I’m sitting in a coffee shop interviewing an up-and-coming political rock star. Between questions I make a joke about his not having had to prepare for our interview, because it’s just for a student publication.

Without hesitation he replies, “In the age of the internet, there is no such thing anymore as a more or less prominent publication.”

It’s exactly this type of constant awareness that has helped him achieve so much. Even getting in touch with him to set up the interview was remarkably painless. He clearly believes in political accessibility, but part of me wonders if this strategy ensures that the interviewer likes him before they have even met.

His name is Jake Sullivan. He is the former National Security Advisor to Vice President Joe Biden, former Deputy Chief of Staff to Hillary Clinton during her tenure as Secretary of State, and now one of the top foreign policy advisors on her presidential campaign. He rose to international prominence as one of the orchestrators of the 2015 Joint Comprehensive Plan of Action, better known as the Iran Nuclear Deal. He also happens to be a visiting lecturer at Yale Law School and currently lives in New Haven while commuting to Clinton headquarters in Brooklyn four times a week.  If you haven’t heard of him yet, you willsoon.

But for now, sitting in the coffee shop, Sullivan remains completely unrecognized. The Politic is getting in early, as this is the first time Sullivan has ever agreed to be interviewed for a profile. He previously turned down Politico and the New York Times. He told me that he was making an exception out of solidarity with student publications, having been an editor-in-chief of the Yale Daily News.

Jake Sullivan never planned on having a career in national politics.

In his own words, “I first got involved in national politics by getting involved in local politics. I moved home to Minnesota after my clerkships, planning to build a career there and to contribute to the community and to be engaged locally.”

He didn’t stay local for long. He served as chief counsel to Amy Klobuchar during her 2007 Senate campaign. When she won, he moved to Washington, D.C., for a few months to help her transition and set up her office. The move was supposed to be temporary. However, a mentor of his recommended that he interview for a position as a policy advisor for Clinton’s 2008 campaign.  He clearly made an impression: she has retained him as an advisor ever since.

Talking to Sullivan, one could get the impression that he just happened to be in the right places in the right times. This seems less like a politician’s false modesty and more like a genuine, deeply ingrained humility. There is sincerity in his manner that written quotes just can’t communicate.

When I ask him about his overall political views he explains, “I don’t think that being a lifelong Democrat means being hyper-partisan.” Even though he clerked for liberal Supreme Court Justice Stephen Breyer, he interacted with many staffers from the conservative wing of the court. He feels that this has given him a well-rounded view of politics.

Next I ask whether or not he diverges from the Democratic Party on any key issues.

He responds, “The party itself is a pretty big tent. You can stack up five Democrats and have a pretty wide spectrum of views from Joe Manchin of West Virginia to Bernie Sanders of Vermont, and everything in between. So I don’t think there’s an issue on which I would say there’s a consensus in the Democratic Party and I deviate from it.” His tone is so convincing that I simply write down that his view of the party is comprehensive. It’s only later, reviewing my transcript of the interview, that I realize he may have dodged the question.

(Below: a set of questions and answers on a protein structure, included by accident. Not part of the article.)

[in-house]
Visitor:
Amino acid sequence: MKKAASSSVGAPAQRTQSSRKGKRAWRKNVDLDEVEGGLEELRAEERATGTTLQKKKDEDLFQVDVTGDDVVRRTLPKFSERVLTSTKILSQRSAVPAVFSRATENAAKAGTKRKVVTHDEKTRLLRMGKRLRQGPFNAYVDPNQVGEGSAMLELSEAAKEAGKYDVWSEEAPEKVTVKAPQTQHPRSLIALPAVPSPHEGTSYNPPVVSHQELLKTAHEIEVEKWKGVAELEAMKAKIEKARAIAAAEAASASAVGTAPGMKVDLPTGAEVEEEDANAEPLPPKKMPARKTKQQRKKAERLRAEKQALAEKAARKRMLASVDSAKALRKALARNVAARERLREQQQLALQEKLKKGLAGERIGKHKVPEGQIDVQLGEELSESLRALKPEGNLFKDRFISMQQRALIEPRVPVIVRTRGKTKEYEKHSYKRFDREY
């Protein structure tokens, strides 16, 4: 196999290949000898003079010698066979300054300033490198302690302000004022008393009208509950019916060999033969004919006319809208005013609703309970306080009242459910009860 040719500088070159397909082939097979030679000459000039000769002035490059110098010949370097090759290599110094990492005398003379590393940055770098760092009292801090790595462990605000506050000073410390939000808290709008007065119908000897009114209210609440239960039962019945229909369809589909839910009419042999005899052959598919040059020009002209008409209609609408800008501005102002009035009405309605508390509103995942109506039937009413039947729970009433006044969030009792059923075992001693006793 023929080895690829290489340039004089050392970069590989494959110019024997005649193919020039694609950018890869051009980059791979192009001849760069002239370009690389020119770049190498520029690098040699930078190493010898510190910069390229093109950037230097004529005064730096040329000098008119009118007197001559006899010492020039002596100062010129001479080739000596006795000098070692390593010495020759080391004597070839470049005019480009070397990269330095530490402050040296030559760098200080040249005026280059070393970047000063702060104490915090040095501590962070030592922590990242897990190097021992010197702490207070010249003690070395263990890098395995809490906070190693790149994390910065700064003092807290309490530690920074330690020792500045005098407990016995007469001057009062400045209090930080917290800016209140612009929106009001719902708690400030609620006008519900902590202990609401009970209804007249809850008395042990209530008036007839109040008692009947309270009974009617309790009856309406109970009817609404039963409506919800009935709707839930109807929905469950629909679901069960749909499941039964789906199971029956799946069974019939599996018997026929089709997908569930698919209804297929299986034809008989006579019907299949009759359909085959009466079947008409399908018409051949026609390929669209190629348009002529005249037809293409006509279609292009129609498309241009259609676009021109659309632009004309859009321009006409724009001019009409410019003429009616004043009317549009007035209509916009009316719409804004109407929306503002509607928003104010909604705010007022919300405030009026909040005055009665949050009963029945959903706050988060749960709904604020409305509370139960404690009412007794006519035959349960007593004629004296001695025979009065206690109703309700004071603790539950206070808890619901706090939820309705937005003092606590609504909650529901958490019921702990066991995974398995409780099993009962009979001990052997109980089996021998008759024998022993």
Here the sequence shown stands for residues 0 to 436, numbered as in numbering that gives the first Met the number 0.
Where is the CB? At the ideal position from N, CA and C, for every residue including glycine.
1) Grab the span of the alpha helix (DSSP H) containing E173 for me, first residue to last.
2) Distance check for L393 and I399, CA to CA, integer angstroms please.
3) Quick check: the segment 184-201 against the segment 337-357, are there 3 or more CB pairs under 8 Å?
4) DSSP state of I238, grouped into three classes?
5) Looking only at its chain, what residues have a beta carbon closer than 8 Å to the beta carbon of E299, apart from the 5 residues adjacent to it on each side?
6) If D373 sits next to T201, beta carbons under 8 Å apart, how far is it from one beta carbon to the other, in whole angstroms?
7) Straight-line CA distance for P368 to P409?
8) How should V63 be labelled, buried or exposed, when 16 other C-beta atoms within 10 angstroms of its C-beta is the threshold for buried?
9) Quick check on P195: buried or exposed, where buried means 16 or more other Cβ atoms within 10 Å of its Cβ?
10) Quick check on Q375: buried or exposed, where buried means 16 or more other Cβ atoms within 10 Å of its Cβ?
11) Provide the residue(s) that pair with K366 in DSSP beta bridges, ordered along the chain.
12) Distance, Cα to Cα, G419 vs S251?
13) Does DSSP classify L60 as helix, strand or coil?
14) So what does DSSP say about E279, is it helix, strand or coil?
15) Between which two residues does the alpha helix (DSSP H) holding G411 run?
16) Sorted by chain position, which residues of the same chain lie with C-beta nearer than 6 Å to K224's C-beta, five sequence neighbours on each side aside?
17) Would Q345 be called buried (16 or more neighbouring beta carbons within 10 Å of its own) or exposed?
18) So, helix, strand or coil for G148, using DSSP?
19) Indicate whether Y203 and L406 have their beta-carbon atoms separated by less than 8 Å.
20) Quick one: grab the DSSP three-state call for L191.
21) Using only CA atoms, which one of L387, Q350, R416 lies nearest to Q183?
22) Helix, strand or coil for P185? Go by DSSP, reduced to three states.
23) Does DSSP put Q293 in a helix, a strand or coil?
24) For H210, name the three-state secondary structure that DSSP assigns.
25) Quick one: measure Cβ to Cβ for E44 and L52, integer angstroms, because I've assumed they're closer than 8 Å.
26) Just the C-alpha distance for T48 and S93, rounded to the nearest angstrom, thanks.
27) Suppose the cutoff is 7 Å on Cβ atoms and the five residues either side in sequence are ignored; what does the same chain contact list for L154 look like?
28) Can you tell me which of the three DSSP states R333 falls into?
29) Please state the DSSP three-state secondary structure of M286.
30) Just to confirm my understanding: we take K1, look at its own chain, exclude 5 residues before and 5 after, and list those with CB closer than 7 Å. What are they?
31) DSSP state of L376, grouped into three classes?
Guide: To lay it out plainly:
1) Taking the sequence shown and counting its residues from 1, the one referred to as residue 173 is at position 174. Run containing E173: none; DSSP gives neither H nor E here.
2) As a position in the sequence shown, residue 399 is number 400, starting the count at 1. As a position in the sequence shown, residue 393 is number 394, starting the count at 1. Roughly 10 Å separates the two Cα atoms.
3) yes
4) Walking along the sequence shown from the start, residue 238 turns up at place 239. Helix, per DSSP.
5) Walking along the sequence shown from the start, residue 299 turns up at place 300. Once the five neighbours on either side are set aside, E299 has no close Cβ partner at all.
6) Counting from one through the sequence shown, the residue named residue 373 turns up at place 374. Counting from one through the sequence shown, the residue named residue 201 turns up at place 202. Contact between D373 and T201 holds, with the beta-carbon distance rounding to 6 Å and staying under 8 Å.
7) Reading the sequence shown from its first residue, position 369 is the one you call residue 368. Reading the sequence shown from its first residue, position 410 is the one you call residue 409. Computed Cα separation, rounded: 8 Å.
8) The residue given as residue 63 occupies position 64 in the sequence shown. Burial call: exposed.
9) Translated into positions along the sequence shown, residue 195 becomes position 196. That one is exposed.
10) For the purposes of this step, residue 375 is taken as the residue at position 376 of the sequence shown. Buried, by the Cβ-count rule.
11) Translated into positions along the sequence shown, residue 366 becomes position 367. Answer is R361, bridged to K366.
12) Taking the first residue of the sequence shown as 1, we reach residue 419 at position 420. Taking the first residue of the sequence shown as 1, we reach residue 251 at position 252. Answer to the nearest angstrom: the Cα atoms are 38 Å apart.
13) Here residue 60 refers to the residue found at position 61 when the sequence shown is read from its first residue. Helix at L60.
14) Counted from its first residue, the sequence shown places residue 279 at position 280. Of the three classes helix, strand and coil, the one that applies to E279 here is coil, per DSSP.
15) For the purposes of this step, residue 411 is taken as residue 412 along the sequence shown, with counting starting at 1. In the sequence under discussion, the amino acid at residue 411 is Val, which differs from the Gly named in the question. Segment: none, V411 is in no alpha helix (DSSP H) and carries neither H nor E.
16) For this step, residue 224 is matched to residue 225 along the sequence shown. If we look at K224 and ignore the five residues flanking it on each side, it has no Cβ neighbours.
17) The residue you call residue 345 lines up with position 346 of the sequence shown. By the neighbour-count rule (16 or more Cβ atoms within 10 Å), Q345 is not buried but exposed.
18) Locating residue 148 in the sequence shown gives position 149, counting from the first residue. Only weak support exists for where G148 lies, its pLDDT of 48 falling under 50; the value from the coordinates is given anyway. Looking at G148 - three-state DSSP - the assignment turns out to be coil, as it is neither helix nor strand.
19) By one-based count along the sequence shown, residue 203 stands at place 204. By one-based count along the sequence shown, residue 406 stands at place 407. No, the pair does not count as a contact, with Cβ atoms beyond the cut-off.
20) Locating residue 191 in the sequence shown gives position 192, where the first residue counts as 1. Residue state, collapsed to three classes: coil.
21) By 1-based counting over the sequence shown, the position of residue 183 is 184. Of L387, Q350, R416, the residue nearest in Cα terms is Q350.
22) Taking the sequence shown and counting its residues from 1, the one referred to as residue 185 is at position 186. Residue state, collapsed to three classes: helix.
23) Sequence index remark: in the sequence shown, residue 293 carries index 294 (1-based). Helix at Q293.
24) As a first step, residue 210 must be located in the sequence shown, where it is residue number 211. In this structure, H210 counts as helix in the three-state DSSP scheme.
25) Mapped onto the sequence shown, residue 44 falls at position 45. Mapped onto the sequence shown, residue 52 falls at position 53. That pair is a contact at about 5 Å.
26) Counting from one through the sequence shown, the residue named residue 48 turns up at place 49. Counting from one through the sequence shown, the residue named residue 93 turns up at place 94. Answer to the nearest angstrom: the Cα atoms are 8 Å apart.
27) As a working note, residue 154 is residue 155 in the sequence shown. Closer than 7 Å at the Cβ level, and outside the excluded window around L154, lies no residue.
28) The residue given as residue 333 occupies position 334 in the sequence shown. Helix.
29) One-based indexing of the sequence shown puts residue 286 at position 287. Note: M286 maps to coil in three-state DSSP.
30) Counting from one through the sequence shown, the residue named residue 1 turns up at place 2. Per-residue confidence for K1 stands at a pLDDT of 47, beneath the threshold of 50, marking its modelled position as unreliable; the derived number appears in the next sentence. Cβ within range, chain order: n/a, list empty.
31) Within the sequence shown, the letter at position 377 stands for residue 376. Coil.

It’s not hard to see why he has been chosen as a key figure in not one, but two major campaigns, and why more experienced politicians keep placing their trust in him. As a campaigner, he’s always on. I ask about Donald Trump and cultural extremism, which he immediately steers into praise for Hillary and how she moves beyond empty rhetoric. While reading that may set off your cynic alarms, in the moment, I never for a second doubted his sincerity.  In Sullivan’s reasoning, when you bring up poison (Trump), of course you’re going to talk about an antidote (Clinton). Once again, it’s only later that I realize it might have been a calculated move.

Sullivan says he’s nonpartisan, and works hard to keep his career as an educator from reflecting any political agenda. As an academic, his area of focus is 21st century politics. He is quick to acknowledge the potential for biased pedagogy given his close proximity to what he teaches. To avoid this, his class on current foreign policy is jointly taught with two other professors. He even included a reading that was a “full frontal assault on the [Iran] Deal.”

On his attempts to be completely nonpartisan in the classroom he adds, “Any argument you’re going to make will have weaknesses and blind spots and you should acknowledge them. Any criticism is going to have some kernel of validity, and you have to acknowledge that too.”

We next delve into the negotiations that have secured him a place in the history books: the Iran nuclear deal. The agreement was signed in July 2015 after several months of secret meetings. The goal was to drastically reduce Iran’s nuclear capabilities. However, it has faced criticism for not being tough enough and for relying too heavily on faith that Iran will stick to the rules.

Sullivan first became involved in 2012, participating in secret face-to-face meetings with Iranian officials in Oman. After a few months, a delegation formed to carry out more secret meetings to create an interim deal. This ultimately led to the Joint Comprehensive Plan of Action.